Alternative Perspectives on the Global Financial Crisis
Edited by Steven Kates
Chapter 14: An Institutionalist Perspective on the Global Financial Crisis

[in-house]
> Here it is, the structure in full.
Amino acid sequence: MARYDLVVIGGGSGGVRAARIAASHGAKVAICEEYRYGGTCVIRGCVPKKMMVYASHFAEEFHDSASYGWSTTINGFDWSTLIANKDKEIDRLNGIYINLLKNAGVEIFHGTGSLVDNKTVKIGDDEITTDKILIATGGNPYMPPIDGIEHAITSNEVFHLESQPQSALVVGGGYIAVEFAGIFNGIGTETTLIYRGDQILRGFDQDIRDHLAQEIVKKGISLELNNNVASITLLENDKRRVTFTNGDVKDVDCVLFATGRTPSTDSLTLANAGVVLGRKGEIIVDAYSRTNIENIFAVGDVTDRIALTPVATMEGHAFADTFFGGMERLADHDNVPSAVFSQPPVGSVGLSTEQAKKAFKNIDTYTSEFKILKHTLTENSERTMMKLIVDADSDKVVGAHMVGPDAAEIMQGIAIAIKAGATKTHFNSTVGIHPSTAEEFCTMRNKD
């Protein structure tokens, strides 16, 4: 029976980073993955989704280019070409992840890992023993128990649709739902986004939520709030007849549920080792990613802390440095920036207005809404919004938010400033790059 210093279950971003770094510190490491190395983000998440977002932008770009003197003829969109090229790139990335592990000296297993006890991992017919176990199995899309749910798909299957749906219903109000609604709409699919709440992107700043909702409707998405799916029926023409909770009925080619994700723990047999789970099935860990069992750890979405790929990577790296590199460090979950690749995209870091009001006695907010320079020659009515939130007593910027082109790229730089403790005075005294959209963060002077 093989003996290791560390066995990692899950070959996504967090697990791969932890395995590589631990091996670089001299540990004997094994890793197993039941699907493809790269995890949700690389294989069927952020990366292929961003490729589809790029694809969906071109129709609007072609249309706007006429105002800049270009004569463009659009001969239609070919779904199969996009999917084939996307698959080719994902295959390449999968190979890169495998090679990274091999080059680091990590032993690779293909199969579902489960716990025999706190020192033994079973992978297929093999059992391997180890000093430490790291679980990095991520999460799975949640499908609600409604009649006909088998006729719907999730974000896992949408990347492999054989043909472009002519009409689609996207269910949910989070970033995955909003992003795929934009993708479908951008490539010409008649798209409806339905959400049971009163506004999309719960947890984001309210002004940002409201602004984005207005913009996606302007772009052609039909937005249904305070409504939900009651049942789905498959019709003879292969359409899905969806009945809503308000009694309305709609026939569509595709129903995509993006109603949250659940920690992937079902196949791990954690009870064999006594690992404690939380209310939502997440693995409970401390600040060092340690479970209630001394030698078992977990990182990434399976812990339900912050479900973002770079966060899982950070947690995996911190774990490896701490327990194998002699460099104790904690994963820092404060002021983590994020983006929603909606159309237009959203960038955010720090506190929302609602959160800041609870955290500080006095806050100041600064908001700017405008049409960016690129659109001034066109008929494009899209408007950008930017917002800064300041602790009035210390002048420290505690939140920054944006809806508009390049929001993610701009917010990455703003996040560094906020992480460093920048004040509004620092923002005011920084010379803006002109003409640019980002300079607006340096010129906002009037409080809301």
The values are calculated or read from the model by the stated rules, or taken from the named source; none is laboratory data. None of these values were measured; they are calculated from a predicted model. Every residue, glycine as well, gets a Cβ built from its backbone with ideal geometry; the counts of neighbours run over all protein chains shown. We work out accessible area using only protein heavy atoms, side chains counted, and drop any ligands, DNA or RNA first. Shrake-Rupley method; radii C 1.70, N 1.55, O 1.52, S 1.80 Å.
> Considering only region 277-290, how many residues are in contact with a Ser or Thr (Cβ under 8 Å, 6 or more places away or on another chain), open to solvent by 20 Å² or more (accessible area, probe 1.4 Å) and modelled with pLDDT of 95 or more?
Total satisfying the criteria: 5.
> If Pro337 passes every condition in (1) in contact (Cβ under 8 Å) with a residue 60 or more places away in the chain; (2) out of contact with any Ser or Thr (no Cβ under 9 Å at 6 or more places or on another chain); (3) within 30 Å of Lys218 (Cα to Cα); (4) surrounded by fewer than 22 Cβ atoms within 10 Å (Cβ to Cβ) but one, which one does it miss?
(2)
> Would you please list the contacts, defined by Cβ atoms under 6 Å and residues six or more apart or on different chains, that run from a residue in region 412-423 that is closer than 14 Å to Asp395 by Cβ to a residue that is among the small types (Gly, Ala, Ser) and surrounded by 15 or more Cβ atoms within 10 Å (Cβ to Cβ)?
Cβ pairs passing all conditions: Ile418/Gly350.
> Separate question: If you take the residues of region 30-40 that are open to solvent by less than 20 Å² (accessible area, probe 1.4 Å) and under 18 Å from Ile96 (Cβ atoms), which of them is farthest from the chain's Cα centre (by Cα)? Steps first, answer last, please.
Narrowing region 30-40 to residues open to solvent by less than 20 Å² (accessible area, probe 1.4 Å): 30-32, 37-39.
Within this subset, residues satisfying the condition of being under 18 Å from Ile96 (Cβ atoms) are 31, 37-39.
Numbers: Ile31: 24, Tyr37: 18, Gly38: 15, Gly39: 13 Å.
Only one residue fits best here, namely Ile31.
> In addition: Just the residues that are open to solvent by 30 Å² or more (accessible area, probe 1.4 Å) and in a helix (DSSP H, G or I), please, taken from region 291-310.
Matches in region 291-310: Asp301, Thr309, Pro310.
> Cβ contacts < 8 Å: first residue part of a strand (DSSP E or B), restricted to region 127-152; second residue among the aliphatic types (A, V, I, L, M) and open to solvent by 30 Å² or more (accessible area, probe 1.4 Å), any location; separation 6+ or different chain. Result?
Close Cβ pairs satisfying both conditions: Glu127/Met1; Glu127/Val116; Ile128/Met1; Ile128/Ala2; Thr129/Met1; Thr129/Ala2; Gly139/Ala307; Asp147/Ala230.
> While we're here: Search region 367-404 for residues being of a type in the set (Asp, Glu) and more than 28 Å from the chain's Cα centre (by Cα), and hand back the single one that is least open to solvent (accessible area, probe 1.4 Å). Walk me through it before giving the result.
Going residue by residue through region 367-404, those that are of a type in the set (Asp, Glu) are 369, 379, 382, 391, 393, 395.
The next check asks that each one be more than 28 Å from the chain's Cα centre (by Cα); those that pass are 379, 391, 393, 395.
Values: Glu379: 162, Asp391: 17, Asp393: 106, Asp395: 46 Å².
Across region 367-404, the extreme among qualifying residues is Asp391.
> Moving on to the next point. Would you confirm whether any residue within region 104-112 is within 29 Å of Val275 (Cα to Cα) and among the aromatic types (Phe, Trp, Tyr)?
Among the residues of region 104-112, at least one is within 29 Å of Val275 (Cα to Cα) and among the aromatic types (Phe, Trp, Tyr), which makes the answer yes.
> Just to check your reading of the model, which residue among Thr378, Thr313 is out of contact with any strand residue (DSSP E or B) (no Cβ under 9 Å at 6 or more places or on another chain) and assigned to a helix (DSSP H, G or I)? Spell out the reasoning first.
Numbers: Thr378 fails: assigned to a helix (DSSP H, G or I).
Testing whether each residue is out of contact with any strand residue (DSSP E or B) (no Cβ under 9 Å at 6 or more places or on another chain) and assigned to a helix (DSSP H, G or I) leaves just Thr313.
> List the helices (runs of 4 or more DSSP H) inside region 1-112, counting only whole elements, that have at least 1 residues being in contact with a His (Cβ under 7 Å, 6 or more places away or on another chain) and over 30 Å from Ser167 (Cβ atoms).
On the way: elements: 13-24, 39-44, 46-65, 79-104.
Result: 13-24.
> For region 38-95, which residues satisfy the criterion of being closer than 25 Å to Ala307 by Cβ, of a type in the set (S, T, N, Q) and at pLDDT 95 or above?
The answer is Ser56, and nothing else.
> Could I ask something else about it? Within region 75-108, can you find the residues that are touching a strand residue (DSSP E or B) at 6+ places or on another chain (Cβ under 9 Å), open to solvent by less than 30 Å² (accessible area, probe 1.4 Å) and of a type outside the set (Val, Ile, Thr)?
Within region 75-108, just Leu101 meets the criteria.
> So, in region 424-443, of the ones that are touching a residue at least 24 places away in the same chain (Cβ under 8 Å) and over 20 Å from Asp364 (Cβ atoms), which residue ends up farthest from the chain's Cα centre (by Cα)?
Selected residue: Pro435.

Charles J. Whalen INTRODUCTION This chapter presents an institutionalist perspective on the financial crisis that has been at the center of world attention since mid-2008. It is divided into three sections. The first provides a brief history of the institutionalist understanding of how an economy operates, with special attention to how this understanding differs from that offered by neoclassical economics. The second outlines an institutionalist explanation of the global financial crisis. The third identifies some of the public-policy steps that are required to achieve a more stable and broadly shared prosperity in the USA and abroad. The particular variant of institutional economics that informs this chapter is what can be called post-Keynesian institutionalism (PKI). This strand of institutionalist thought, which emerged in the USA in the early 1980s, is rooted in the contributions of Thorstein B. Veblen (1857–1929), Wesley C. Mitchell (1874–1948) and John R. Commons (1862–1945), but also benefits from the insights of John Maynard Keynes (1883–1946) and even Joseph A. Schumpeter (1883–1950). The publications of Hyman P. Minsky (1919–96) were a model of PKI in the 1980s and 1990s, and his ideas remain relevant today. In addition to the author of this chapter, recent contributors to PKI include Martin H. Wolfson, David A. Zalewski, Kenneth P. Jameson, Slim Thabet, Chris Niggle, Fadhel Kaboub, Eric Tymoigne, L. Randall Wray and Zdravka Todorova.1 HOW AN ECONOMY OPERATES In a 1996 essay, institutionalist William M. Dugger observed that institutional economists have traditionally been ‘notoriously independent...
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